The ruins of Illens castle stand on a rock wall above a loop of the Saane river. The castle stands on the opposite side of the river from the fortified town of Arconciel. The two castles secured both sides of a crossing (either a ford or a bridge) over the river. The castle is first mentioned between 1150 and 1276.
In 1366, the notoriously violent Count Peter of Aarberg moved into the castle and remained there for a short while. The chamberlain of Charles the Bold, Guillaume de la Baume, expanded the castle and when he left in 1470, it was an elegant and comfortable palace. During the conflicts leading up to the Burgundian Wars, Fribourg and Bernese troops stormed and damaged the building on 3 January 1475.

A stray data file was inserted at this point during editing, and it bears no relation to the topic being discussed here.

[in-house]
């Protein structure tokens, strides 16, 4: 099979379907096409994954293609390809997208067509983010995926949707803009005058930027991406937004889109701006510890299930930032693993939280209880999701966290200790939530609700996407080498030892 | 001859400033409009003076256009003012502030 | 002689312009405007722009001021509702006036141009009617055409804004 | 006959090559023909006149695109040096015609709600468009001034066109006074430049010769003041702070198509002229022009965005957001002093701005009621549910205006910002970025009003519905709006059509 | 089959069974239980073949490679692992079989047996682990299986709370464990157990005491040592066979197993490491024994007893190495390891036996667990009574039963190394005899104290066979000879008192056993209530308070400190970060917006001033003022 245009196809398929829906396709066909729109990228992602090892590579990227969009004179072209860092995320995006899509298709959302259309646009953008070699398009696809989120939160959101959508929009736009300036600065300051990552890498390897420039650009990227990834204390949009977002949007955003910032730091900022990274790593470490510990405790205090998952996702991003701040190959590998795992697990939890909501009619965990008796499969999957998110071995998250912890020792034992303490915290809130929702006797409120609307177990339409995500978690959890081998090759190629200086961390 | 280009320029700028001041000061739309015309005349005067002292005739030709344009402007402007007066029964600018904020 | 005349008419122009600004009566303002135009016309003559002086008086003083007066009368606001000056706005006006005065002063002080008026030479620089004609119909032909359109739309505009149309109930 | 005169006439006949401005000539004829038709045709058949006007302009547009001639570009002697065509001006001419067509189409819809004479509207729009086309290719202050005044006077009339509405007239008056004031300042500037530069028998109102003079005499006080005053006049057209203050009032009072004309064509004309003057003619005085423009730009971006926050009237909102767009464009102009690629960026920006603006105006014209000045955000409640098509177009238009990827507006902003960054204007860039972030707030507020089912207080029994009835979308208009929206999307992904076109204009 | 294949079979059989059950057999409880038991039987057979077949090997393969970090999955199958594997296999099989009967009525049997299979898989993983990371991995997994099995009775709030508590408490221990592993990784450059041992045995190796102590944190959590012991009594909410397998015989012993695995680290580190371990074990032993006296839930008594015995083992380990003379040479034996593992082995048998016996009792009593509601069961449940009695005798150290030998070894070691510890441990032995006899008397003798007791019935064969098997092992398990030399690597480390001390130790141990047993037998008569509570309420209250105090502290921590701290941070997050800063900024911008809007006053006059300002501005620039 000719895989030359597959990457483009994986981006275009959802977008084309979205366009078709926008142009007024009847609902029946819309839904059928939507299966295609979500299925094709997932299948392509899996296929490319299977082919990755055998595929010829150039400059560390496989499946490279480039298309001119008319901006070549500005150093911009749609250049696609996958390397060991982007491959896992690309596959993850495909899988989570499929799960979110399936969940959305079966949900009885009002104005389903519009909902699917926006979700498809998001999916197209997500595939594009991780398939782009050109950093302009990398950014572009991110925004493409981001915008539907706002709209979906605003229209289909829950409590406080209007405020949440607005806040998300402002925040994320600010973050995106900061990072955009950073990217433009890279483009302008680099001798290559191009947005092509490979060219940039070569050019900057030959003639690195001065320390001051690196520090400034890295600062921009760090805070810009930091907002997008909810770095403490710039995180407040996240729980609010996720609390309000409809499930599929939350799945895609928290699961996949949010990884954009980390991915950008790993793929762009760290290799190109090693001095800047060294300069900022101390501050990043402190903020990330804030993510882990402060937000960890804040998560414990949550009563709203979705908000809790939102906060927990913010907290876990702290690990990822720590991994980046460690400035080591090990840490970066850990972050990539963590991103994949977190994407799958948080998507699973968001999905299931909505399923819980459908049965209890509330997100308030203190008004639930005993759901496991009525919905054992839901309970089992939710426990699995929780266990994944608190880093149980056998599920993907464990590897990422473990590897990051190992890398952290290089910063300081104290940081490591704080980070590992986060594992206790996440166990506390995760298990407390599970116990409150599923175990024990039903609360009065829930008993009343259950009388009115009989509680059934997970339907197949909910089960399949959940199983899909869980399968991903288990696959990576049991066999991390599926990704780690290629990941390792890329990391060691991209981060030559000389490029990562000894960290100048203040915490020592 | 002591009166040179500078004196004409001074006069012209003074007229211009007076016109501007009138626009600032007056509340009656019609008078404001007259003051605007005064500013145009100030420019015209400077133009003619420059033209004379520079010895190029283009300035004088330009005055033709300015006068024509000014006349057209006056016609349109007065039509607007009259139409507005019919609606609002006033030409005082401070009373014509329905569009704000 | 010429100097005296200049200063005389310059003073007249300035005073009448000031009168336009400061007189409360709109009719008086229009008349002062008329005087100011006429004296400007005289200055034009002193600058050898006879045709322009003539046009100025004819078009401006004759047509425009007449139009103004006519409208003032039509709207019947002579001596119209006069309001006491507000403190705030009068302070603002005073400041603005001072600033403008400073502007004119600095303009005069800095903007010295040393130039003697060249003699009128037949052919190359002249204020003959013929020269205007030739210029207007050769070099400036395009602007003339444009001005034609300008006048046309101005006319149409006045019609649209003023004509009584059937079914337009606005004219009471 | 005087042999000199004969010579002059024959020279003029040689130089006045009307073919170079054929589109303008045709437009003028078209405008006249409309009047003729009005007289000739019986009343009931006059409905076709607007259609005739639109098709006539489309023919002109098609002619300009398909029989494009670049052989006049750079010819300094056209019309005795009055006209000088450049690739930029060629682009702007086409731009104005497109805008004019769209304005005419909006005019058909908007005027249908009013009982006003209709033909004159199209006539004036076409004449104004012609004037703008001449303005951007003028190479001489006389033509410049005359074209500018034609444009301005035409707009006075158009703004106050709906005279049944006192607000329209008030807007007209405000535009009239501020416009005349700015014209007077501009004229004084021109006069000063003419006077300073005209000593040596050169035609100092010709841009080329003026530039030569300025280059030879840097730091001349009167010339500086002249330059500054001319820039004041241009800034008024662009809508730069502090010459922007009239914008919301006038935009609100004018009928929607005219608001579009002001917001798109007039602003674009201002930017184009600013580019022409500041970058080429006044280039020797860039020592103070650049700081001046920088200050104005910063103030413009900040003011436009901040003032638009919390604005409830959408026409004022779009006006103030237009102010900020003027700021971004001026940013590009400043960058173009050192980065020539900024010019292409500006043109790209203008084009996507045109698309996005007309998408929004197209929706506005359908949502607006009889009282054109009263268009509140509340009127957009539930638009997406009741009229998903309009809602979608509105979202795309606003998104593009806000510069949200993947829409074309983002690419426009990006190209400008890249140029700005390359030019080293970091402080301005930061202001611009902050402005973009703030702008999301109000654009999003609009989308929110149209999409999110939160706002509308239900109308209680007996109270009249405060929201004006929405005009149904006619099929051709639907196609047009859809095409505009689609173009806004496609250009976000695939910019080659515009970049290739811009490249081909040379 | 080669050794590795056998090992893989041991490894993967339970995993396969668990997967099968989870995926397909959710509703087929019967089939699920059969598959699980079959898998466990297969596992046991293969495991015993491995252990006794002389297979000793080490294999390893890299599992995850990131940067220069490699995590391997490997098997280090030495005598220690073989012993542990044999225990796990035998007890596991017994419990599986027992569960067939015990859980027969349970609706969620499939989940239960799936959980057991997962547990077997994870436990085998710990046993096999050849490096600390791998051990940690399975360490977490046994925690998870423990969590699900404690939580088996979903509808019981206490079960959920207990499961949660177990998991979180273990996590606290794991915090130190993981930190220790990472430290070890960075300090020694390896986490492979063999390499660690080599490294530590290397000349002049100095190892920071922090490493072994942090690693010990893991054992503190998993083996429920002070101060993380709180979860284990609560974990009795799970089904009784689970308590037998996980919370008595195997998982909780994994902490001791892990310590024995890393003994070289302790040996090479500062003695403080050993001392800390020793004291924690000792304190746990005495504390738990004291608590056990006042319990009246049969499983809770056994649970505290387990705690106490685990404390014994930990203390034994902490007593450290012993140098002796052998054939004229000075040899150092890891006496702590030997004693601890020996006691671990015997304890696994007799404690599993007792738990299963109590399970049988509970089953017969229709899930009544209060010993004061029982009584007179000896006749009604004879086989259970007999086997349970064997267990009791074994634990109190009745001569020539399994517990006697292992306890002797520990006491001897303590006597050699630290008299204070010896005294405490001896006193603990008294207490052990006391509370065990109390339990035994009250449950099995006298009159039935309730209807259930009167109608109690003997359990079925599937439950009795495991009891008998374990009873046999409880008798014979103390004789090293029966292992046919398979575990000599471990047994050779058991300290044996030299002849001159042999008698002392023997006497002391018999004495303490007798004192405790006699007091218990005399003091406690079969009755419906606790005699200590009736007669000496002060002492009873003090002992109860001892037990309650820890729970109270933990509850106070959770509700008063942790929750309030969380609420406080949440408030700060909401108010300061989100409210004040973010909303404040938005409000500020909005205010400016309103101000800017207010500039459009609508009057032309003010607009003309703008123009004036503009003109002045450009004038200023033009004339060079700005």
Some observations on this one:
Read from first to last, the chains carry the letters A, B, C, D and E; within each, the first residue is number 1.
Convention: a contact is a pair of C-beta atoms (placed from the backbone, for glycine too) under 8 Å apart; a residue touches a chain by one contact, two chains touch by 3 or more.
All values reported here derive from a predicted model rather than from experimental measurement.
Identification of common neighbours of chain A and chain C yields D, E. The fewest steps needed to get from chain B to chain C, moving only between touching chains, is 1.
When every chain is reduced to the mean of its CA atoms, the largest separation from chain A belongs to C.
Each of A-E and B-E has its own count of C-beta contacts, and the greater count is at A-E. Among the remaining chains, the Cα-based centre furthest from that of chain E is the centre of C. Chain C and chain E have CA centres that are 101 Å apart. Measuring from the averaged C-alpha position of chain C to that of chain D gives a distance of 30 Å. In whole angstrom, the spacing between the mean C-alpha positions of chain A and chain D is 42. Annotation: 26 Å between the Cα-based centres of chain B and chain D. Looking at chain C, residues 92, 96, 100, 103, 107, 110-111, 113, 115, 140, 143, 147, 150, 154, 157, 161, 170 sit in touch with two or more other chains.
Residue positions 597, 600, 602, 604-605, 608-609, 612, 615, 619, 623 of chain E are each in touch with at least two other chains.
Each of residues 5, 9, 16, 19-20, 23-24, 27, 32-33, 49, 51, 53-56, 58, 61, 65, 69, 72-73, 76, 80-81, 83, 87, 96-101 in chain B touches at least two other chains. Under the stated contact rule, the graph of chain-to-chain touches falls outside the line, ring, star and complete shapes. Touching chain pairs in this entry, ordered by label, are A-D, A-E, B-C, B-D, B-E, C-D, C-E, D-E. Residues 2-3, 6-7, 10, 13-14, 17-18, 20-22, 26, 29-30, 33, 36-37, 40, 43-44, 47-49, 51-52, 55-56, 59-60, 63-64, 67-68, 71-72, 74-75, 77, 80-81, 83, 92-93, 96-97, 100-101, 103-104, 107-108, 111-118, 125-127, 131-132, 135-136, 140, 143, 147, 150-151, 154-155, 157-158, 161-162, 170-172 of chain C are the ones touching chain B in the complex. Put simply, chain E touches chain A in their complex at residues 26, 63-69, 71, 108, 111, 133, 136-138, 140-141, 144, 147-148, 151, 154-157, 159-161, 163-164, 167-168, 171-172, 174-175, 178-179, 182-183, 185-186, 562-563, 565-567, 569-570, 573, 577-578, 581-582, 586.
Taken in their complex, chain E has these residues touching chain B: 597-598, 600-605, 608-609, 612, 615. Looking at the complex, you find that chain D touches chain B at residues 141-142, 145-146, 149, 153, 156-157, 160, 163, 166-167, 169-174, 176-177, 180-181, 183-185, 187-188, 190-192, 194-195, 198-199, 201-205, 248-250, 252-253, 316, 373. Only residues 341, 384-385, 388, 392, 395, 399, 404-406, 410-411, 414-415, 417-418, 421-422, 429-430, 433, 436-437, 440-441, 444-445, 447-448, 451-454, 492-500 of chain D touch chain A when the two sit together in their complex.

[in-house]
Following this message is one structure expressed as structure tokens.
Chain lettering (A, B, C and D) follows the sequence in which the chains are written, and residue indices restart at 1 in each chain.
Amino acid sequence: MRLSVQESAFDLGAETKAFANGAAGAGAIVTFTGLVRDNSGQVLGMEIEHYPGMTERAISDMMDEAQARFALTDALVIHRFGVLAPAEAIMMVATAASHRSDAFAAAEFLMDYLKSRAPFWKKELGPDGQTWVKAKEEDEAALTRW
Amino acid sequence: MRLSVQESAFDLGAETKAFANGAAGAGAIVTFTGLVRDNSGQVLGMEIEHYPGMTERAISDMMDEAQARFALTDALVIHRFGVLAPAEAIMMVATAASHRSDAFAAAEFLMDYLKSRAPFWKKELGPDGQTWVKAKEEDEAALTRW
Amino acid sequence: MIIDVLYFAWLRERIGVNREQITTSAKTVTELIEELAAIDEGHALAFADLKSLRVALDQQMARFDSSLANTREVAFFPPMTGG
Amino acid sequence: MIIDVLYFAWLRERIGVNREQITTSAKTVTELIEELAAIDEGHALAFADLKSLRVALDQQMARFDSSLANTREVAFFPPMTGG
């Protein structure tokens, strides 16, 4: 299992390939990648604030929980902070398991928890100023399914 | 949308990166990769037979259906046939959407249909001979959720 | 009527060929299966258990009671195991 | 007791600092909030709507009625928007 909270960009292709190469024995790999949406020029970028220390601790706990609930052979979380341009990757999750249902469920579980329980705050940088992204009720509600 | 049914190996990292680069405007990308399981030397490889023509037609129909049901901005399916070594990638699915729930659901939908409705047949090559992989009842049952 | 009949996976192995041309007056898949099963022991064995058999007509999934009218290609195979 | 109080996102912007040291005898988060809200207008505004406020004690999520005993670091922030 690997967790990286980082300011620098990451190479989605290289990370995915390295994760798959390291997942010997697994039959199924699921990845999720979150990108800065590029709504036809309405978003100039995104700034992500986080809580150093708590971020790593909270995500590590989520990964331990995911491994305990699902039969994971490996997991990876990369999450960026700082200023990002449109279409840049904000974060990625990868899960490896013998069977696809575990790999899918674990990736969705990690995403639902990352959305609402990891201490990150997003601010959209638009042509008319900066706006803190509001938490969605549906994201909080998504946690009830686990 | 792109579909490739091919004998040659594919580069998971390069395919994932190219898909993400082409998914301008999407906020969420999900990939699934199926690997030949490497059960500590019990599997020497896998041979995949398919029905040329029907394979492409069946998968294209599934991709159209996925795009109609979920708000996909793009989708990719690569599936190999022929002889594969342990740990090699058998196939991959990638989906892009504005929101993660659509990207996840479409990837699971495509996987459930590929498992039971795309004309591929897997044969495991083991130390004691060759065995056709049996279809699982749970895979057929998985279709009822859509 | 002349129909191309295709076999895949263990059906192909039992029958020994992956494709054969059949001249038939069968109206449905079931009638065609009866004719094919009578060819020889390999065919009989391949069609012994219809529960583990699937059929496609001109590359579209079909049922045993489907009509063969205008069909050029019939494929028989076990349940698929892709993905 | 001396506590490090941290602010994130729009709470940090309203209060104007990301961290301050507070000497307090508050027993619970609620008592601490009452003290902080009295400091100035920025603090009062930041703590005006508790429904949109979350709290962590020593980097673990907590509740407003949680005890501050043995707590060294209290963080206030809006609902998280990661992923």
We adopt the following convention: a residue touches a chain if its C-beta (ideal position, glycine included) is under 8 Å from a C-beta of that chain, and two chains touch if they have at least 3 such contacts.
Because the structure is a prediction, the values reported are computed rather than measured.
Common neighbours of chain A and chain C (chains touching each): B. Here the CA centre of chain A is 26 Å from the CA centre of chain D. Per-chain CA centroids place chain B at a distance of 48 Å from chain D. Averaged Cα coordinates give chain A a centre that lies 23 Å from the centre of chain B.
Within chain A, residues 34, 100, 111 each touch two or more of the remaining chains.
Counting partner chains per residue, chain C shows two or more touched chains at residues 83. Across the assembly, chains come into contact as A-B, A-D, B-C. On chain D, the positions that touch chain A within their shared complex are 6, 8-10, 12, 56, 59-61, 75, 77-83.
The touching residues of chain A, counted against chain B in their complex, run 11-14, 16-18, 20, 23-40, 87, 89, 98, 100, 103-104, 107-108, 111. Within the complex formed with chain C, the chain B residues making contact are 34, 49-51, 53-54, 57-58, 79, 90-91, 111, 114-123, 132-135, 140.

In 1900, it was partly repaired and expanded and served a community of Trappist monks.References:
Bouillon Castle was mentioned first in 988, but there has been a castle on the same site for a much longer time. The castle is situated on a rocky spur of land within a sharp bend of the Semois River.
In 1082, Bouillon Castle was inherited by Godfrey of Bouillon, who sold it to Otbert, Bishop of Liège in order to finance the First Crusade. The castle was later fitted for heavy artillery by Vauban, Louis XIV's military architect in the late 17th century.
The castle is entered over three drawbridges. The main courtyard then leads to the ducal palace with its 13th century Salle Godefroy de Bouillon. From there visitors climb up to the top of the 16th century Tour d’Autriche for a breathtaking panorama of the town and river, before they way back via the torture chamber, citerns and dungeons, and past the 65m deep well Shaft.